Choose Love [DualDisc]

( 1 )

Editorial Reviews

Barnes & Noble - David Sprague
Although it would seem easy enough to turn out music designed for nothing more complicated than generating smiles and urging feet to tap, most folks with that goal get tripped up somewhere along the line. Not Ringo Starr, who's spent most of the last three decades spreading good times and sunny vibes -- both of which pour readily from the grooves of Choose Love. The disc is often redolent of Ringo's past life as "the goofy Beatle" -- notably the 12-string-laced "I Do," on which he wears his Rubber Soul on his sleeve -- but that has more to do with the scope of the Fab Four's stylistic reach than any attempt to journey back in time. Instead of heading for the wayback ...
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Editorial Reviews

Barnes & Noble - David Sprague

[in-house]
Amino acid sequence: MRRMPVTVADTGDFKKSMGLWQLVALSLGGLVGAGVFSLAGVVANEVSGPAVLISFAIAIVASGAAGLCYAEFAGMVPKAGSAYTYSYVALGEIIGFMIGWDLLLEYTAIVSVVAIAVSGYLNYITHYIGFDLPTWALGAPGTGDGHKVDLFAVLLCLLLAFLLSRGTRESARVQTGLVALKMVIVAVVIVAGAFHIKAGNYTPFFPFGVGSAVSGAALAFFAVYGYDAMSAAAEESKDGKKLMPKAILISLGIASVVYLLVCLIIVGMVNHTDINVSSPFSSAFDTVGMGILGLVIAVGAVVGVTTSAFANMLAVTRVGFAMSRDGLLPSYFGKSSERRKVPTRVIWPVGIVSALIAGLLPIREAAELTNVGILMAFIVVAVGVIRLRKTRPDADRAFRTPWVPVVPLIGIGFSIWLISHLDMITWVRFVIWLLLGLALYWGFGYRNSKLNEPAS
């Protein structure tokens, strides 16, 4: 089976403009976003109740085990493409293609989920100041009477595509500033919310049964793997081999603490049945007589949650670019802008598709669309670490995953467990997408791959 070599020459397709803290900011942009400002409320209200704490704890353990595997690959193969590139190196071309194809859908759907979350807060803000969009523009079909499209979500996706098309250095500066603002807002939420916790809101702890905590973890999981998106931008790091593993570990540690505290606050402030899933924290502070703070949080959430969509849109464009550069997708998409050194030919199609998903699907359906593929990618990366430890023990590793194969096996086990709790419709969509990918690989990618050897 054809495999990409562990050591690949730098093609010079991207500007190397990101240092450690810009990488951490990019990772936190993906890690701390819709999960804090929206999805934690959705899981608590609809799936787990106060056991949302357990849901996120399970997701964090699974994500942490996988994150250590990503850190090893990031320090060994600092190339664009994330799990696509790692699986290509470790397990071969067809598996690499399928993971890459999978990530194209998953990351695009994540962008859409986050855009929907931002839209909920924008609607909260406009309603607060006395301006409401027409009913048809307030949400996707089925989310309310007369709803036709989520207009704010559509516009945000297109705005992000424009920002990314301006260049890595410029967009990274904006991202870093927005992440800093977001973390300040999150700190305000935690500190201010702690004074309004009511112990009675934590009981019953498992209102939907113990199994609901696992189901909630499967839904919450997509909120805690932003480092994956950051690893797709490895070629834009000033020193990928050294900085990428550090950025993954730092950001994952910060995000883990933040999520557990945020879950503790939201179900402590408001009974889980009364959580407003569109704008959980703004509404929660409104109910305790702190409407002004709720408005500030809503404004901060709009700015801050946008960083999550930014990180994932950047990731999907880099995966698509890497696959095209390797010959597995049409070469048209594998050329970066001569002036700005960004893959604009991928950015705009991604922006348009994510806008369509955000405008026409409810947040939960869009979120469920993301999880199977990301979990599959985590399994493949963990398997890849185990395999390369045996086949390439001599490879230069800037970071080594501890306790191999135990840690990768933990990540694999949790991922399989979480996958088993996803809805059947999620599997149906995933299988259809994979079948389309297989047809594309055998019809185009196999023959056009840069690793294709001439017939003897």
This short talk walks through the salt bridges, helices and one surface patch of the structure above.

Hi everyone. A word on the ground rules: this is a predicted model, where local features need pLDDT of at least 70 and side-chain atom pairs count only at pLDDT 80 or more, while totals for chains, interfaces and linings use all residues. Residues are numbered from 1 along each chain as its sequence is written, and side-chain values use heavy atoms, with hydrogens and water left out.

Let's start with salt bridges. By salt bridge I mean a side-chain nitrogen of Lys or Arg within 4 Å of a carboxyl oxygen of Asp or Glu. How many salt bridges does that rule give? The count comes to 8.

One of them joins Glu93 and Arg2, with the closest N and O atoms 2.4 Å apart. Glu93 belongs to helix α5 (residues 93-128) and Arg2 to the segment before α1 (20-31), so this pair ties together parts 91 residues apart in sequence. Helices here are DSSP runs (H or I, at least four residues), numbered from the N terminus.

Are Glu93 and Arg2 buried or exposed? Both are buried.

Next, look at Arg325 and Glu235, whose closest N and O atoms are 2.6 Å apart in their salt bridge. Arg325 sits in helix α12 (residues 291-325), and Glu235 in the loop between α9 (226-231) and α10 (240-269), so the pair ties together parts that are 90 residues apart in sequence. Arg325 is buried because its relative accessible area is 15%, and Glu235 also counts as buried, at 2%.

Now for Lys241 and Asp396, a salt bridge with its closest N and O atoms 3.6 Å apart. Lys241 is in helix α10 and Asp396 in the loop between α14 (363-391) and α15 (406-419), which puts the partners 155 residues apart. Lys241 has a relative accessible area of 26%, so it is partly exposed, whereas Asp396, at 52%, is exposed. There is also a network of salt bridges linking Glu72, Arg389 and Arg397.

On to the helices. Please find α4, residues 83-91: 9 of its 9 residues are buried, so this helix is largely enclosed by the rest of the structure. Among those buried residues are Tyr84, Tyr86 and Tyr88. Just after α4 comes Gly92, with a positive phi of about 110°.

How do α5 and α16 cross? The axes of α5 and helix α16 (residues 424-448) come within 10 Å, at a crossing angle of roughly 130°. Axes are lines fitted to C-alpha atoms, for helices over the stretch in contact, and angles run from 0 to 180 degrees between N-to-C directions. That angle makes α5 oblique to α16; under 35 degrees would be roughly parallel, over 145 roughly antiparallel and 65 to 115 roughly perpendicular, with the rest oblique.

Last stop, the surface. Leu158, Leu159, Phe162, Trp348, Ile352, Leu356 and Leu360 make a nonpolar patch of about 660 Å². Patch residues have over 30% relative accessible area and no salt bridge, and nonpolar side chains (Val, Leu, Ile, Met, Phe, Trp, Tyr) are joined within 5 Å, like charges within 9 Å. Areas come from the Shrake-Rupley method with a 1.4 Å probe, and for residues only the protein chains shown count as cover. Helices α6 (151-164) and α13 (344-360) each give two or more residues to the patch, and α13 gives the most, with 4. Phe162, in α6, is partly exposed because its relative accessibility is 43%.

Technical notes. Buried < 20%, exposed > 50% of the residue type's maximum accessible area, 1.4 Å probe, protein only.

Although it would seem easy enough to turn out music designed for nothing more complicated than generating smiles and urging feet to tap, most folks with that goal get tripped up somewhere along the line. Not Ringo Starr, who's spent most of the last three decades spreading good times and sunny vibes -- both of which pour readily from the grooves of Choose Love. The disc is often redolent of Ringo's past life as "the goofy Beatle" -- notably the 12-string-laced "I Do," on which he wears his Rubber Soul on his sleeve -- but that has more to do with the scope of the Fab Four's stylistic reach than any attempt to journey back in time. Instead of heading for the wayback machine, Ringo cherry-picks certain elements -- the skiffle rhythm of "Give Me Back the Beat," for instance -- and applies them to his affably simple song structures. That M.O. has kept him sailing through years of All-Starr Band lineups, partly because it's so appealing to players from across the musical spectrum. Here, Starr augments his sound with appearances by Chrissie Hynde, who turns in a sunny duet on the carnival-styled "Don't Hang Up," and steel guitar maestro Robert Randolph, who peppers the gospel workout "Oh My Lord" with roof-raising leads. At no point does Ringo rock the boat, but that's not his mission: He's there to steer fans through a smooth pleasure cruise, and Choose Love is an easy, breezy soundtrack for one of those.